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Niekus M.J.L.T.,The Foundation Stone | van Balen R.T.,TNO | Bongers J.M.G.,De Steekproef B.V. | Bosch J.H.A.,TNO | And 9 more authors.
Quaternary International | Year: 2015

The first Middle Palaeolithic artefacts to turn up in situ in boulder sand (erosional residue of glacial till) were found in 2011. The open-air site is located on the Saalian till plateau in the northern Netherlands, not far from the city of Assen, the capital of the province of Drenthe. The finds from a trial excavation comprise flakes, blades, cores and retouched tools. The latter category consists predominantly of handaxes, but a few side-scrapers and backed knives are also present. Apart from erratic Baltic flint, of which most artefacts are made, raw materials include quartzitic sandstone, quartzite and, remarkably, hälleflinta ('rock-flint'). The assemblage is exceptional because of the many handaxes that dominate the tool spectrum, leading the authors to suggest that butchering activities played a major role in the formation of the assemblage. One of the reasons for Neanderthals to frequent this location, which is situated near a stream valley close to the confluence with a small tributary, might be the presence of relatively good-quality flint nodules and fairly large slabs of hälleflinta. The site is one of the northernmost Middle Palaeolithic occurrences in the Netherlands - in Europe as well - and obviously postdates the Saalian glaciation (MIS 6). 'Assen' most likely dates to MIS 3 or MIS 5a/5c of the Weichselian. The presence of many relatively small (sub)cordiform and (sub)triangular handaxes indicates a cultural affiliation with the Mousterian of Acheulian Tradition, Type A. The site is situated near the northern limit of the occupation range of Middle Palaeolithic hominins, and the lithic assemblage is comparable to that from several other sites in the northern part of the North European Plain. © 2015 Elsevier Ltd and INQUA. Source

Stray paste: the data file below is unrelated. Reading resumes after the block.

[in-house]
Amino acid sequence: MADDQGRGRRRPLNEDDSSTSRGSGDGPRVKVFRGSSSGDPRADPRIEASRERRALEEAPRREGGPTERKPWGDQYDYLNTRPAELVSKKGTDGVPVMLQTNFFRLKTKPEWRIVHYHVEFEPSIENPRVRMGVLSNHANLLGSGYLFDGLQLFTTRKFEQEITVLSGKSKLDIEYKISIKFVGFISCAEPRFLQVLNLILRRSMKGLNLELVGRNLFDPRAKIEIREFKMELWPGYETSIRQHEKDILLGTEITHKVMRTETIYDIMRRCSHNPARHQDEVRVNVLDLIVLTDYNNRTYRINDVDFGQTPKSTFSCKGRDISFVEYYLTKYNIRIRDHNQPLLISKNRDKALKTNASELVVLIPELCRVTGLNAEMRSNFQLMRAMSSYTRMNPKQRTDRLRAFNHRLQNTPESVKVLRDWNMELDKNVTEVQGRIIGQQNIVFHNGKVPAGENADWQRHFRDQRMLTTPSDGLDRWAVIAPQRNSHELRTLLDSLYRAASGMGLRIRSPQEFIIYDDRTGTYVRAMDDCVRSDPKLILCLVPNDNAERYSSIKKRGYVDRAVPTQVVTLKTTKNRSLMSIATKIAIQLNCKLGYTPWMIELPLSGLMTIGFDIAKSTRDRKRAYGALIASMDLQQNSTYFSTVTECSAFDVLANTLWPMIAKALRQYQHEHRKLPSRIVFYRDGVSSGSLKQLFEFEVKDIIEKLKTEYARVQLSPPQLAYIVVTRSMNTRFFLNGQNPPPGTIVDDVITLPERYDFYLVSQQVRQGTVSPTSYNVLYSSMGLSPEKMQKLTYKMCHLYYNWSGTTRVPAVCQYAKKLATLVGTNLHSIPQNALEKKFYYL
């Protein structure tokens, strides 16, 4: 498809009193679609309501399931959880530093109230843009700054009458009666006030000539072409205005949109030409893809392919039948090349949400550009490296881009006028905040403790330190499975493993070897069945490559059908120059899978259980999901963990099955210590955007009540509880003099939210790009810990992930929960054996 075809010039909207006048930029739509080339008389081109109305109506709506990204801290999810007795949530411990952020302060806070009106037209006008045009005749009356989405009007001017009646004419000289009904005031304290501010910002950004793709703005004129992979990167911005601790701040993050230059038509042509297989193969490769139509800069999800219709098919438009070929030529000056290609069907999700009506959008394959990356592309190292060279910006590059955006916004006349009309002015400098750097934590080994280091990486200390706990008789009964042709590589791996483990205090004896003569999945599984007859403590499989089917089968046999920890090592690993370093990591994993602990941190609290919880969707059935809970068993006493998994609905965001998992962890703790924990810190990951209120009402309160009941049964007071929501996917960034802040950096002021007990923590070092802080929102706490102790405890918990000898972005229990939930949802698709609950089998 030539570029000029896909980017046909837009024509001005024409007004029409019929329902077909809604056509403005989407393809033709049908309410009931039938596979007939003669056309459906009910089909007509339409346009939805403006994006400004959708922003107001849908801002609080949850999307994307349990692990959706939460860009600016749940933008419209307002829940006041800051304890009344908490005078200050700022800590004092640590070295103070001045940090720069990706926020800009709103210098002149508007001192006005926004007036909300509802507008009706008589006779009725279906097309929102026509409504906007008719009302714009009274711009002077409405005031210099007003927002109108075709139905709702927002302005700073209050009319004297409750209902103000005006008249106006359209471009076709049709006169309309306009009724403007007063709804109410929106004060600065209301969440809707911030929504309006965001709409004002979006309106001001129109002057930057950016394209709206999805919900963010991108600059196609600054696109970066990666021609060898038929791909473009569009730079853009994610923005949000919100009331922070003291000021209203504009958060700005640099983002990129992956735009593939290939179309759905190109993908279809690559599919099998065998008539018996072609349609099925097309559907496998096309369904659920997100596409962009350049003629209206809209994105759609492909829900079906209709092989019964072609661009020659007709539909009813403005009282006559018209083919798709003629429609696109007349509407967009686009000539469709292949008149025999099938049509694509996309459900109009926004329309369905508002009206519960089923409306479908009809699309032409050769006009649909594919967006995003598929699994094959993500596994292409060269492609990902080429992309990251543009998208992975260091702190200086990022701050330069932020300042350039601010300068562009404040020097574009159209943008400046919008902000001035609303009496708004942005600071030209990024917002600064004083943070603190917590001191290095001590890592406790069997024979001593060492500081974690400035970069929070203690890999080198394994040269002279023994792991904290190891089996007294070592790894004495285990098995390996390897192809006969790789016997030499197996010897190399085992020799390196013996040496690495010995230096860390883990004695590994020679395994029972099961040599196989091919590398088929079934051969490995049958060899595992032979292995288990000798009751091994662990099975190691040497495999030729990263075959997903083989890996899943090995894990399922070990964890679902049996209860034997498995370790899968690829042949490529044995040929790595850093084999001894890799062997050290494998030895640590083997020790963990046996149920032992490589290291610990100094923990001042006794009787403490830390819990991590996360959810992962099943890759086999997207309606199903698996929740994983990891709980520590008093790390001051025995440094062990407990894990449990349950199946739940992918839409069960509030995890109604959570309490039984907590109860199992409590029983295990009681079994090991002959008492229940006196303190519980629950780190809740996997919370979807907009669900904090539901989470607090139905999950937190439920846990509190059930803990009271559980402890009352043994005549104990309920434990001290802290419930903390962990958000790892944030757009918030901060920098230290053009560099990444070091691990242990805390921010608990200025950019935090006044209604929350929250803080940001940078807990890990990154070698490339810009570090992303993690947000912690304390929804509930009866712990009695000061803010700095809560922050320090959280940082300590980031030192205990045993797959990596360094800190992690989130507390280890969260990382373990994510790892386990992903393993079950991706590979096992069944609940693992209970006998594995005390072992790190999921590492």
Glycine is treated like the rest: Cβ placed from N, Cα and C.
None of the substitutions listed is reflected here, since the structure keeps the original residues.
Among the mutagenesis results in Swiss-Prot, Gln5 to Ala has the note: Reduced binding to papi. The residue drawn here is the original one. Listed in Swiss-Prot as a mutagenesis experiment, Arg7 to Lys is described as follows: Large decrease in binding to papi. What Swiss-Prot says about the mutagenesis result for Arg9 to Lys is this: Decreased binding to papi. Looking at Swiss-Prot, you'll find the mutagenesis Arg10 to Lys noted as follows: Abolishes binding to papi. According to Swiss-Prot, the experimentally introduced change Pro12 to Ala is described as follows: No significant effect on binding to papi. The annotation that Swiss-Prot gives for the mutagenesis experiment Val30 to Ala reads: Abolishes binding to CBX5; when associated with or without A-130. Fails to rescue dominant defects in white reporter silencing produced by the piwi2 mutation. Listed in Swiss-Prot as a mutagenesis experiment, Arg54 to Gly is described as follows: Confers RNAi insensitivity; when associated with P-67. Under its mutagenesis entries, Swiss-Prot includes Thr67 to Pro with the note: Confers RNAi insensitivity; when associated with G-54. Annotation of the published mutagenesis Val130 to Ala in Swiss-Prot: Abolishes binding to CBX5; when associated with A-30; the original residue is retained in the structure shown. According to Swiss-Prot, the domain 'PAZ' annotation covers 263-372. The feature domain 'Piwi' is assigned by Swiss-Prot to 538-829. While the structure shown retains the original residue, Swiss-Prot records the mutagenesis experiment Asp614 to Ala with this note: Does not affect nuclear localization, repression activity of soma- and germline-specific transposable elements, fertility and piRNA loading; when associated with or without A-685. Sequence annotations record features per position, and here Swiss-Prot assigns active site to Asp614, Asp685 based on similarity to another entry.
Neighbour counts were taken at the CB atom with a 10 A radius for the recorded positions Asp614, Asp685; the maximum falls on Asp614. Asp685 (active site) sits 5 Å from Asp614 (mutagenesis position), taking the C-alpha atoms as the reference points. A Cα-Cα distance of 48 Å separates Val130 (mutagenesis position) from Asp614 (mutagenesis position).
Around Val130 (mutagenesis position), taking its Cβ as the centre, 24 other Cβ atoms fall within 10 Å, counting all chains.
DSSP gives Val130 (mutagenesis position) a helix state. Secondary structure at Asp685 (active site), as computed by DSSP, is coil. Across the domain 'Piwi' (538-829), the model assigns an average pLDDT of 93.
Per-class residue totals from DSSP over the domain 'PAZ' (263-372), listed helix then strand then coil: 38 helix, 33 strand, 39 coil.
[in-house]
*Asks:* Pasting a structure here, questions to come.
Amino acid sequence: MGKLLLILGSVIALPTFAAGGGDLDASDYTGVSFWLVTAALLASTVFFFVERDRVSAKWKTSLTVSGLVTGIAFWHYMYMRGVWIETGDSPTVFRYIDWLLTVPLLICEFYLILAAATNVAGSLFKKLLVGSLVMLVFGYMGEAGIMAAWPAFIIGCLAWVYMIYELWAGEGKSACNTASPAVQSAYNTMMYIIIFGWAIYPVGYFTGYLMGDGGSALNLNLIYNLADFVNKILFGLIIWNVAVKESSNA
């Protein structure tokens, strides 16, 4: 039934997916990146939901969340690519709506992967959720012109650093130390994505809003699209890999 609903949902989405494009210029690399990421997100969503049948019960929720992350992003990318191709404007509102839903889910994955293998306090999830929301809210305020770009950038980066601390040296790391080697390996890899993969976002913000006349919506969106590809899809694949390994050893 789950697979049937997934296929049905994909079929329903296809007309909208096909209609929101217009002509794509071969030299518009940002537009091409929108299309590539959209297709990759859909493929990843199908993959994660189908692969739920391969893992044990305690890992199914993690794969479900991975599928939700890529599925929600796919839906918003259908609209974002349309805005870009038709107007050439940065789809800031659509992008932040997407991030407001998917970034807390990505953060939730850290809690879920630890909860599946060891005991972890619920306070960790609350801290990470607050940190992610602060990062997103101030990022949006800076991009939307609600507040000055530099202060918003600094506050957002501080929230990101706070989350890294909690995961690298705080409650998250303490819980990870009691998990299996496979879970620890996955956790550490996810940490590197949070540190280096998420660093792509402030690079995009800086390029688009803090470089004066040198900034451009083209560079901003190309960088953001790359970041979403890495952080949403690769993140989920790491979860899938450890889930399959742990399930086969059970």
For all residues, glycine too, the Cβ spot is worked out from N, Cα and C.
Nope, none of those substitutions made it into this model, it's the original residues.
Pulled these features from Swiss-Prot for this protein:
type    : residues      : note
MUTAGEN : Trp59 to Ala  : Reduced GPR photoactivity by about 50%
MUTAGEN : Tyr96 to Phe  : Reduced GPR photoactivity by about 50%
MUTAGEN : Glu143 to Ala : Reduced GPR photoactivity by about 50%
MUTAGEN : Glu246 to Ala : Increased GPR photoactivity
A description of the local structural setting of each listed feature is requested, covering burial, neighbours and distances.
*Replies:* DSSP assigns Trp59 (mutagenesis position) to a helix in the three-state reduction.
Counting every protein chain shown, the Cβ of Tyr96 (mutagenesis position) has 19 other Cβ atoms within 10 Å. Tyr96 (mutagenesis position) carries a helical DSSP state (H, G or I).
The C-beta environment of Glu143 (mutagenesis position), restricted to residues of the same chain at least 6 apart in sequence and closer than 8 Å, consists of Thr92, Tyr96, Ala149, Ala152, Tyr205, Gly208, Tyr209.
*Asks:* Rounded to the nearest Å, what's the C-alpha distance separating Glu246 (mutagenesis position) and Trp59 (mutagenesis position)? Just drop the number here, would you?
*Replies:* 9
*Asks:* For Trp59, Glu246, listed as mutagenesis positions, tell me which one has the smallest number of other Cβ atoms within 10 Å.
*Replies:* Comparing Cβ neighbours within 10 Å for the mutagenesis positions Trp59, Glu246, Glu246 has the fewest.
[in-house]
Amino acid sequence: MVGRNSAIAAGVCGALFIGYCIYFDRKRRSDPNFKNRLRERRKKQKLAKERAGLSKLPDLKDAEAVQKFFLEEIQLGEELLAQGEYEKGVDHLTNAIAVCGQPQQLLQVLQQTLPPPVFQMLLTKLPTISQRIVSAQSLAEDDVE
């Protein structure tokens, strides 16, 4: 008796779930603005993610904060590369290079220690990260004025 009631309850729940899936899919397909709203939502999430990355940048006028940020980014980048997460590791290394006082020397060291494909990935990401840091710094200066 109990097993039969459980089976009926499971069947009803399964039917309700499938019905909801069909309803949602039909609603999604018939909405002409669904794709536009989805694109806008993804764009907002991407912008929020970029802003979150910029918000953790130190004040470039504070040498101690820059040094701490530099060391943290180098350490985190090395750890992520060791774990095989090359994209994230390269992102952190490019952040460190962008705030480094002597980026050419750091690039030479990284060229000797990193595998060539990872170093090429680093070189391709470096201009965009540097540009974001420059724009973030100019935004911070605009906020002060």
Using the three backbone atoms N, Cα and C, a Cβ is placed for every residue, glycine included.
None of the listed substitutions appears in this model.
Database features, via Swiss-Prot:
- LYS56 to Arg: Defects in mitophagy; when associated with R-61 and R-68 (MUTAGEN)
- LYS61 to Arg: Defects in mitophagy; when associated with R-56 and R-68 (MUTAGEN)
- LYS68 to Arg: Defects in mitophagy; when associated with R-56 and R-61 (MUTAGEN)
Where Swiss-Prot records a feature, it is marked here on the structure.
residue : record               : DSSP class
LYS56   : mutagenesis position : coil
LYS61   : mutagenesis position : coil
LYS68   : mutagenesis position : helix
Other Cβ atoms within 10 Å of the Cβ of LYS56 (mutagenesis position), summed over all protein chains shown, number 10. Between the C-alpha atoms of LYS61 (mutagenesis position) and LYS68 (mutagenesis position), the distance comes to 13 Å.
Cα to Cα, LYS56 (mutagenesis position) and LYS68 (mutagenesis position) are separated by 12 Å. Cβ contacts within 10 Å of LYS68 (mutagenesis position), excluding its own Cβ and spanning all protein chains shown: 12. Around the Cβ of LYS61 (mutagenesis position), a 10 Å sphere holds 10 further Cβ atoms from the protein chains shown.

Stapert D.,Ossewei 6 | Johansen L.,Ossewei 6 | Niekus M.J.L.Th.,Lopendediep 28
Geologie en Mijnbouw/Netherlands Journal of Geosciences | Year: 2013

A bifacially worked flint tool has recently been found on the North Sea beach of Ameland, one of the Wadden Islands in the northern Netherlands. It probably dates from the Middle Palaeolithic because its surface modifications include windgloss which in this area originated especially during the Weichselian Late Pleniglacial. The tool was probably first worked by a skilled knapper and subsequently, after a break occurred, by an apprentice. It is suggested that the tool was transported to Ameland from the North Sea bottom in the course of sand replenishment activities. Other artefacts from the Wadden Islands allegedly left by Neanderthals are also briefly discussed. Source

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